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The challenge ahead for the NHS

In Cancer: The challenge facing the NHS BBC Health Correspondent Nick Triggle reveals the issues ahead for our struggling health service.

The analysis comes after the recent announcement of a new strategy by NHS England’s cancer taskforce aimed at improving cancer care. Figures released in May showed that more than 21,000 people had not been treated within 62 days of their cancer diagnosis in the last financial year. According to NHS targets, 85% of cancer patients should be treated within 62 days of being urgently referred by their GP, but just 83.4% were seen on time in 2014-15. While survival rates have been improving, England still lags behind some of the best performing countries.

The new measures aim to ensure that, by 2020, NHS patients in England get results for cancer tests within four weeks of being referred by a GP by 2020 under new plans to improve treatment. NHS England's cancer taskforce is also replacing old radiotherapy machines and increasing specialist staff to ensure it delivers "world class" cancer care. The five-year plan is expected to cost £400m a year but taskforce experts believe that in the long term, this will be recouped as better care costs less money. For example, bowel cancer caught at a late stage costs four times as much to treat as when it is caught early. They say the plan could help an extra 30,000 patients survive for 10 years.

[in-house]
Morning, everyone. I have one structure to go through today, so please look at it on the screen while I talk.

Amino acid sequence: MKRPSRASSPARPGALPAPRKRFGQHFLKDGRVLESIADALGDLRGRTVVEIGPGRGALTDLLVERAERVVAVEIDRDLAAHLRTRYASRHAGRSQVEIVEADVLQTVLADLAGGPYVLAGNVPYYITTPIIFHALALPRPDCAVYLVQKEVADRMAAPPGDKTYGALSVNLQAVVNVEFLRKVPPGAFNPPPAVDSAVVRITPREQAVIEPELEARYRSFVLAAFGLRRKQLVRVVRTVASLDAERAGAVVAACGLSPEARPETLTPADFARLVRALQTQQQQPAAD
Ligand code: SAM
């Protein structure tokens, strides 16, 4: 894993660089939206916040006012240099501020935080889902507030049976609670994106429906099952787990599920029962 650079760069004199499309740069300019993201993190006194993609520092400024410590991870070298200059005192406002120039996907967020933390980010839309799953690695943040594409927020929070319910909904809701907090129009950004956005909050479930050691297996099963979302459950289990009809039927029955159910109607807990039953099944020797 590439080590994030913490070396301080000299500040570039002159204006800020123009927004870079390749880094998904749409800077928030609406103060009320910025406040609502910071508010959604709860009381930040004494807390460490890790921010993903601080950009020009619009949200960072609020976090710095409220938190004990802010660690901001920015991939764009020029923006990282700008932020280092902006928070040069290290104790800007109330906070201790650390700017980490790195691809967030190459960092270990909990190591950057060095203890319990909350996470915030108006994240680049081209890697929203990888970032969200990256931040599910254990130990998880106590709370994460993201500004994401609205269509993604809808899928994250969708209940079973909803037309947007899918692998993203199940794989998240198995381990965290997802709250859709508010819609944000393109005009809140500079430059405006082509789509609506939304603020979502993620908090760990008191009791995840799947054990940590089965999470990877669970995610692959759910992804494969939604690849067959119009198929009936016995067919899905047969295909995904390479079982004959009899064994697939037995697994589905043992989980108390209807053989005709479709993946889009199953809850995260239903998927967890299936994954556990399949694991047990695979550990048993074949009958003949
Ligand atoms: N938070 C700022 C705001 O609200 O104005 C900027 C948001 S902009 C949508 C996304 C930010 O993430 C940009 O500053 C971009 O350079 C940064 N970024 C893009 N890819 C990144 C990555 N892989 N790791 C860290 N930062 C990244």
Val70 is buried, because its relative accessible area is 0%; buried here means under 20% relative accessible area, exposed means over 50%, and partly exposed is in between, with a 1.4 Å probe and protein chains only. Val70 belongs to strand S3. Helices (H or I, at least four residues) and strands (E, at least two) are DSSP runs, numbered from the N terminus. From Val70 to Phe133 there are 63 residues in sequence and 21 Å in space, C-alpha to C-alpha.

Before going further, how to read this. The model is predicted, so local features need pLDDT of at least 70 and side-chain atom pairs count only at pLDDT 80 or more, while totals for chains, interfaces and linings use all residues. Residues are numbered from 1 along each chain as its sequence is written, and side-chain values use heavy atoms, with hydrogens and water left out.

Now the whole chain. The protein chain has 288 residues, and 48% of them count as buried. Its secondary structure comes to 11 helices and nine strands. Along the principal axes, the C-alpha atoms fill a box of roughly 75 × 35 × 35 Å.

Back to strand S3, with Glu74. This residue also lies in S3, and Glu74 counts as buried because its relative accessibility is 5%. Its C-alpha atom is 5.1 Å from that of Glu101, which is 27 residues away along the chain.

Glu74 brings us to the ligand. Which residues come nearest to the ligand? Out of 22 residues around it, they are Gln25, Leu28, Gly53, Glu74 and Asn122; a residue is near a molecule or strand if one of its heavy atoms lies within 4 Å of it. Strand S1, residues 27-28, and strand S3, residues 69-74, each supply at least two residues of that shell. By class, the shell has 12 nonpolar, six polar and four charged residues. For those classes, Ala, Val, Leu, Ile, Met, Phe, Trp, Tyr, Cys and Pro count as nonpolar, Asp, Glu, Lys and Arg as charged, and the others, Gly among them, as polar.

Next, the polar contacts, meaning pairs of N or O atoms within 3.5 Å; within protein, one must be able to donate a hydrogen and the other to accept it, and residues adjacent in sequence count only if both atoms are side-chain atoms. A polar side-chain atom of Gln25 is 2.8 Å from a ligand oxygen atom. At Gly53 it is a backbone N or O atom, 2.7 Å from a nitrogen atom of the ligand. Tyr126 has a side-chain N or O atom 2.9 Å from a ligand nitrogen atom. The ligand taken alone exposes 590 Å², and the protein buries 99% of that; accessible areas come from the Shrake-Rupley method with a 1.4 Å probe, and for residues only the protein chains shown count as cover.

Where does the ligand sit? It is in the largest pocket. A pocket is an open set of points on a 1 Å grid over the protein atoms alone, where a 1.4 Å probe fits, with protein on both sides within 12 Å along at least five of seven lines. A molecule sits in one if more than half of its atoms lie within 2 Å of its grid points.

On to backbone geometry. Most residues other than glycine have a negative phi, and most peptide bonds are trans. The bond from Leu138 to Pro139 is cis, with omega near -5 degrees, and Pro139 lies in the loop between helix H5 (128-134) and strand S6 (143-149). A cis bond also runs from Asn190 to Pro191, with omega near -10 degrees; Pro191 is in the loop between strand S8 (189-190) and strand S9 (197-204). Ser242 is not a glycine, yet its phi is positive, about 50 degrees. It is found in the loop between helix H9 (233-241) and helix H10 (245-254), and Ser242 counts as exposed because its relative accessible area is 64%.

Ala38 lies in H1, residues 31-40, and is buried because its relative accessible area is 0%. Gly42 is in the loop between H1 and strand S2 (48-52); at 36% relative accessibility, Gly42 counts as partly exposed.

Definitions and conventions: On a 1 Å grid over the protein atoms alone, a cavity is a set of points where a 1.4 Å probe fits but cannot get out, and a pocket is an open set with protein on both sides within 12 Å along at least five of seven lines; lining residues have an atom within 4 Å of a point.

Nick Triggle highlights the challenges these targets pose for an already struggling NHS, with today’s unprecedented levels of cancer incidence. “The disease has now become so common that one out of every two people born after 1960 will develop it during their lifetime,” he says. “It means that every two minutes someone in England is diagnosed with the disease.”

The good news is that, in spite of the difficulties, survival rates are also steadily increasing. Research by the London School of Hygiene and Tropical Medicine shows that five-year survival in England has risen substantially since the early 1970s. Fewer than a third of patients diagnosed during 1971-2 lived for another five years, but now more than half do. Survival rates vary significantly depending on the type of cancer, however. Among men, five-year survival rates for testicular cancer stand at 97%, skin melanomas 90% and Hodgkin lymphoma 84%, but for lung cancer it is 11% and pancreatic cancer only 5%. Among women the survival rates for those two cancers are the same, while the best rates are seen in skin melanomas at 93%, thyroid cancers at 87% and breast at 86%.

Nevertheless, Nick Triggle points out that “the NHS has some way to go before it achieves the results of some of the best-performing health systems.” A report by the Nuffield Trust think tank published earlier this month looked at how the UK was performing against 14 similar countries when it came to three common cancers, and showed it coming 11th for breast and cervical cancers. “A big part of England's new cancer strategy is improving earlier diagnosis,” concludes Triggle. “Half of patients are currently diagnosed at an advanced stage with a fifth only happening after a visit to an A&E department. Improving access to tests is a key part of this.”

Gordon Wishart, Professor of Cancer Surgery and Medical Director of Check4Cancer, comments: “Early diagnosis and speed of treatment are critical factors in any cancer patient’s survival, so any measures aimed at improving these are welcomed. But there are other ways to help, and employers can play their part in relieving some of the burden on the NHS by offering cancer screening in the workplace. This not only saves additional lives, but can help those employers safeguard investment in their most valuable resource – their staff. It really is a win-win for all concerned.”

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